Age and length of sevice are important but more importantly is what Byrd's life represented. He was orphaned at the age of one or two so he never really knew his parents. An aunt and uncle adopted him and moved him from his birth state of North Carolina to the coalfields of southern West Virginia.
His adopted father made a living for the family by working in and around the coal mines. The family moved around to different coal camps. Byrd, at a young age, adopted the strongest work ethics and a strong desire for education. He loved his country. His desire to serve led him to politics. He made bad mistakes but he acknowledged those mistakes and told his people why he acted as he did. He said that he became a member of the KKK to gain political support from powerful people -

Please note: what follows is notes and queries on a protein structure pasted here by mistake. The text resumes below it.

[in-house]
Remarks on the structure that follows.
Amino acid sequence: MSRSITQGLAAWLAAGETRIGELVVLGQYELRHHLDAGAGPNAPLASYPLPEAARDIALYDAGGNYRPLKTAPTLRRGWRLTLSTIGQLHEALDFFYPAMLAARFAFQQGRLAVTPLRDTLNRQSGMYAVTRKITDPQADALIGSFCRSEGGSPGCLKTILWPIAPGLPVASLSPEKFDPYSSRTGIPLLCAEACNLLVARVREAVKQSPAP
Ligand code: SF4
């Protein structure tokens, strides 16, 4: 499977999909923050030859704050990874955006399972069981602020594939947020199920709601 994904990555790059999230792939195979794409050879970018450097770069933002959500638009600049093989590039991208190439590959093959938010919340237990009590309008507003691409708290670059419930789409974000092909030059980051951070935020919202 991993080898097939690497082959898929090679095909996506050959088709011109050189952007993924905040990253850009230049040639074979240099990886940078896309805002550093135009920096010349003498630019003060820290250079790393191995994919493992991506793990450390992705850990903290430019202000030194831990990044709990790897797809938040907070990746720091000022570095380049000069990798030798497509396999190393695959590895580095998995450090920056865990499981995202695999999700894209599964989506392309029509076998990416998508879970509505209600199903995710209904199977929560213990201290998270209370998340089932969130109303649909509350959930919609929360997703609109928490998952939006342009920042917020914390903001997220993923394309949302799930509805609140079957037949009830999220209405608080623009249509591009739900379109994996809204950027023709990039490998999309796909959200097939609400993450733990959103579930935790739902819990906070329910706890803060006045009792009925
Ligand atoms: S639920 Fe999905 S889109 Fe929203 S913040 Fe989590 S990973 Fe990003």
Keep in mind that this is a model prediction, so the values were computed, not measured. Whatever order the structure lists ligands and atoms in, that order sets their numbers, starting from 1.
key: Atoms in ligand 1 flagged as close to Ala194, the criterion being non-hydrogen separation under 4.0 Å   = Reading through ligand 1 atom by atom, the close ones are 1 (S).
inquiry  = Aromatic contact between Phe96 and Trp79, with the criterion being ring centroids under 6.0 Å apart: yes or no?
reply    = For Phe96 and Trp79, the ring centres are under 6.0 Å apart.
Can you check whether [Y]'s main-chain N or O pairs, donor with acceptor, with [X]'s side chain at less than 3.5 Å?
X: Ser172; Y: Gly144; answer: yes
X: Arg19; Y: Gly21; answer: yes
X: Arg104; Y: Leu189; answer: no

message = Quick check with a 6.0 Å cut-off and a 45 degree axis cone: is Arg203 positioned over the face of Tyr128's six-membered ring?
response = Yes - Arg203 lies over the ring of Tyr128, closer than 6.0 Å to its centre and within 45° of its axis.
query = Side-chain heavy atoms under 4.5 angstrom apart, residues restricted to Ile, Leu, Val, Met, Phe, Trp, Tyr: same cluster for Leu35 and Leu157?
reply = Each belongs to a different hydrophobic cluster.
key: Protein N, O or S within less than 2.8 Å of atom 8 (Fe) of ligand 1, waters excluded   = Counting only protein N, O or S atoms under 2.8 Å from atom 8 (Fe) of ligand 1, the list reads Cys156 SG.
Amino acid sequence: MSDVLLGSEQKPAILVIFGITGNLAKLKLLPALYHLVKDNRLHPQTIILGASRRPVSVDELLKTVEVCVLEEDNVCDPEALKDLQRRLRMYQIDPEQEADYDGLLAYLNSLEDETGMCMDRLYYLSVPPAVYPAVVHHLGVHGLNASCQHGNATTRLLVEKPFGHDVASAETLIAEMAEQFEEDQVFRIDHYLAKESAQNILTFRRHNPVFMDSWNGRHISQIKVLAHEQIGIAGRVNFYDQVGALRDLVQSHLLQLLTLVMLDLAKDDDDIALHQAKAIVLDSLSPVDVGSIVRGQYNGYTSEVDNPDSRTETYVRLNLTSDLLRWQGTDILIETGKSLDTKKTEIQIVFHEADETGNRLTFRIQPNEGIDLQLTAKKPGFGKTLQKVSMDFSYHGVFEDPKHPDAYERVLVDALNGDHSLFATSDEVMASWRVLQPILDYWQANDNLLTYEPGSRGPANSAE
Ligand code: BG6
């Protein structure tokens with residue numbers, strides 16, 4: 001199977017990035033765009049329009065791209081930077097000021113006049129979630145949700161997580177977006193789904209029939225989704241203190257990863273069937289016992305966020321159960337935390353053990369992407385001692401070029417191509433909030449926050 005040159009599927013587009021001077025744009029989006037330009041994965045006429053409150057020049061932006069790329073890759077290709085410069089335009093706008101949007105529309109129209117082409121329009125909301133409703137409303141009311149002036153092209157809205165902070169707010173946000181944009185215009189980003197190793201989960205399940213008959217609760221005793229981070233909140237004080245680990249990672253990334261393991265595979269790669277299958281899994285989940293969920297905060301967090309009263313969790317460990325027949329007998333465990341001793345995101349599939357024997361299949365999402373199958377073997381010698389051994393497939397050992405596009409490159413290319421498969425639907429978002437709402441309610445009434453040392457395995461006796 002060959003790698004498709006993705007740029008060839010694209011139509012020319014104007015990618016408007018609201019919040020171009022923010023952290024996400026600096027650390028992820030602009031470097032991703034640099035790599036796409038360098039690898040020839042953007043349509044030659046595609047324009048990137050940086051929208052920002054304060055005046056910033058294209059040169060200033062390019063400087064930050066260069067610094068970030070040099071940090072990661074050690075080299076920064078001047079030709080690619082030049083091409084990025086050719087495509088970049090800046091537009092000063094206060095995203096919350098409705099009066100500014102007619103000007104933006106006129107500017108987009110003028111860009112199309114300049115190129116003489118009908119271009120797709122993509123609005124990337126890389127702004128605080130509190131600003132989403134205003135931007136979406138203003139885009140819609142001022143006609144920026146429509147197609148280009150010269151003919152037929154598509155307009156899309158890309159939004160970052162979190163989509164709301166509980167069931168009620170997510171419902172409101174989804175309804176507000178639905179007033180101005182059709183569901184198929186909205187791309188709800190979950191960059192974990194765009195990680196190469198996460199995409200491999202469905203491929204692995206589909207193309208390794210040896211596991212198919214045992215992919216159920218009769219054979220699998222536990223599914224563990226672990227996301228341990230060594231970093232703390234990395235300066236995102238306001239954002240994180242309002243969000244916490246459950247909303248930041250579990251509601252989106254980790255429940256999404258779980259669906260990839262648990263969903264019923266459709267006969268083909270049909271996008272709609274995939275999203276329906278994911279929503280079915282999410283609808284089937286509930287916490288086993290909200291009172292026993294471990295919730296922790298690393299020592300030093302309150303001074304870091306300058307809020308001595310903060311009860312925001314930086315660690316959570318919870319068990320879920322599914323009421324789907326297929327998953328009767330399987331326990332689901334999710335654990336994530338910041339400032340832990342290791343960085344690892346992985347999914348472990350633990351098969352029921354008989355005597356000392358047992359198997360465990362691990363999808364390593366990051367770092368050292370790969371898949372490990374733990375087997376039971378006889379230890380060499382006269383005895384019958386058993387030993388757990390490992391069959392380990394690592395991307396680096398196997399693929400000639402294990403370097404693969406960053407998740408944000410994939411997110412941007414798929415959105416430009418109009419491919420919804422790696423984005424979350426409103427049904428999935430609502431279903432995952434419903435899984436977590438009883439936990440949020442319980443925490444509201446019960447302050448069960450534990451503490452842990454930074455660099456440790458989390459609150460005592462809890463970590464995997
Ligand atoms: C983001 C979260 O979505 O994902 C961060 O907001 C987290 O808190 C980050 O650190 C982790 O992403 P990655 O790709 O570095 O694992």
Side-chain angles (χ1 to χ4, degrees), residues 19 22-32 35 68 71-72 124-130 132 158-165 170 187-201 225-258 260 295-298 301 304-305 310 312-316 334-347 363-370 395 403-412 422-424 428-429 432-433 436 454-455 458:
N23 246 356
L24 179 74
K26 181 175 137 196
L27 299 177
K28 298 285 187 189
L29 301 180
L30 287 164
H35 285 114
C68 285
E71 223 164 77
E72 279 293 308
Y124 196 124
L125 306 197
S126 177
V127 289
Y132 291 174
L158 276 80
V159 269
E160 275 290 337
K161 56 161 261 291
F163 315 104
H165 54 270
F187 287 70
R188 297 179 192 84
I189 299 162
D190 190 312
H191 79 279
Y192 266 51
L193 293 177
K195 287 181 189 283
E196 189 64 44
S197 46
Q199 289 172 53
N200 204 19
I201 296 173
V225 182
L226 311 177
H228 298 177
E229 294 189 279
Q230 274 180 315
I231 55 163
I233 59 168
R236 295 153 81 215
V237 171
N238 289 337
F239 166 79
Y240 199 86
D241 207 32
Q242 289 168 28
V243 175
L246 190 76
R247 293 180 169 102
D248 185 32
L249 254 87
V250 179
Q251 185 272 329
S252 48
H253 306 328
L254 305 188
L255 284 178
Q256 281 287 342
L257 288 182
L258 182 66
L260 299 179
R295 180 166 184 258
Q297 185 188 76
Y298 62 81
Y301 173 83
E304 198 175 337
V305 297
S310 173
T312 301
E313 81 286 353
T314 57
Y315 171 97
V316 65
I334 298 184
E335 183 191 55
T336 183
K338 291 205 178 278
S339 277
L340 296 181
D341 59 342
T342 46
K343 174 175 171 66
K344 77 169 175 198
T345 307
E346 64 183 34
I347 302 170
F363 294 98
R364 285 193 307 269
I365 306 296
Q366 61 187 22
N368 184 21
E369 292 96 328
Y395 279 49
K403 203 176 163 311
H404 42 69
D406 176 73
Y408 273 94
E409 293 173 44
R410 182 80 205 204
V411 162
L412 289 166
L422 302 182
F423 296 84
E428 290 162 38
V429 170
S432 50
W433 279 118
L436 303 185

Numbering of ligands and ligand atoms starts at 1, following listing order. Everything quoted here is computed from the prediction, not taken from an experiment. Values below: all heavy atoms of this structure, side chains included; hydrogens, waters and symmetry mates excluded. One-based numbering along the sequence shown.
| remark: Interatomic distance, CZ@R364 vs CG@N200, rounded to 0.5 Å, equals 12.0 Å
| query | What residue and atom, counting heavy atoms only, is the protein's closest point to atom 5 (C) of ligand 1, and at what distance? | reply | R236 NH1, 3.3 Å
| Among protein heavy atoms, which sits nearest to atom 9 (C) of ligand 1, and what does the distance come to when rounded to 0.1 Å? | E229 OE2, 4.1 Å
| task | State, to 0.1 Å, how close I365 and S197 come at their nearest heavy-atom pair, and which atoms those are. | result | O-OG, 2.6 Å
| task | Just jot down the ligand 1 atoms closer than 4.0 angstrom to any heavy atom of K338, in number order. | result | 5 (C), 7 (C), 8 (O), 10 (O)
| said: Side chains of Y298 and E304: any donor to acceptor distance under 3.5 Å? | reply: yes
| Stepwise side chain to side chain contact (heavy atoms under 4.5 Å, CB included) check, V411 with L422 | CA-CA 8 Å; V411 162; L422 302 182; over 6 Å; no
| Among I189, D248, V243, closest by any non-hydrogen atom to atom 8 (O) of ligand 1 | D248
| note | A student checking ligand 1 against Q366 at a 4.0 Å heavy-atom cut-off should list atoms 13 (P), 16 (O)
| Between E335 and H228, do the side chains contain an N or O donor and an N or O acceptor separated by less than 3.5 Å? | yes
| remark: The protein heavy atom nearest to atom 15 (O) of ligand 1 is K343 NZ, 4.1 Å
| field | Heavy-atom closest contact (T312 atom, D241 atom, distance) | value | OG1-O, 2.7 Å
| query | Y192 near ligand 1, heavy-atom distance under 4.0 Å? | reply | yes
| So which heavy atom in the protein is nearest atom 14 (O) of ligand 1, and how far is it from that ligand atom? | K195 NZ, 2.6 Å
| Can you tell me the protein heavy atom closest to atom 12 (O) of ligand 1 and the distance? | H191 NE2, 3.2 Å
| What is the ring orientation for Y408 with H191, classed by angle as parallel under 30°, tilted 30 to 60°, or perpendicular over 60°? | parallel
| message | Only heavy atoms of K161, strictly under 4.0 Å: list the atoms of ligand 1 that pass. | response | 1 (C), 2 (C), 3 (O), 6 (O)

rich people who could help him win elections.
While I was working on my first book on Appalachia - titled: Appalachia Spirit Triumphant (a cultural odyssey of Appalachia by B. L. Dotson-Lewis (2004) I called Sen. Byrd's office frequently. I spoke with Martha Ann McIntosh, his assistant. She arranged for me to get a story about Robert C. Byrd for my book. She told if I could come to D.C. she felt positive I could see Byrd in person. I never did get to go.
I did meet him in Beckley at the Regional Airport. I heard he was coming in so I asked a friend, Joan Moore, if she wanted to go over and meet Sen. Byrd. We met him as he got off the plane. He was so nice and friendly. He hugged us. He was warm and kind.
For all the talk about Sen. Byrd's replacement - it cannot happen. Whomever gets the seat - it is a filler - not a replacement. Robert C. Byrd was one of a kind. He was our West Virginian.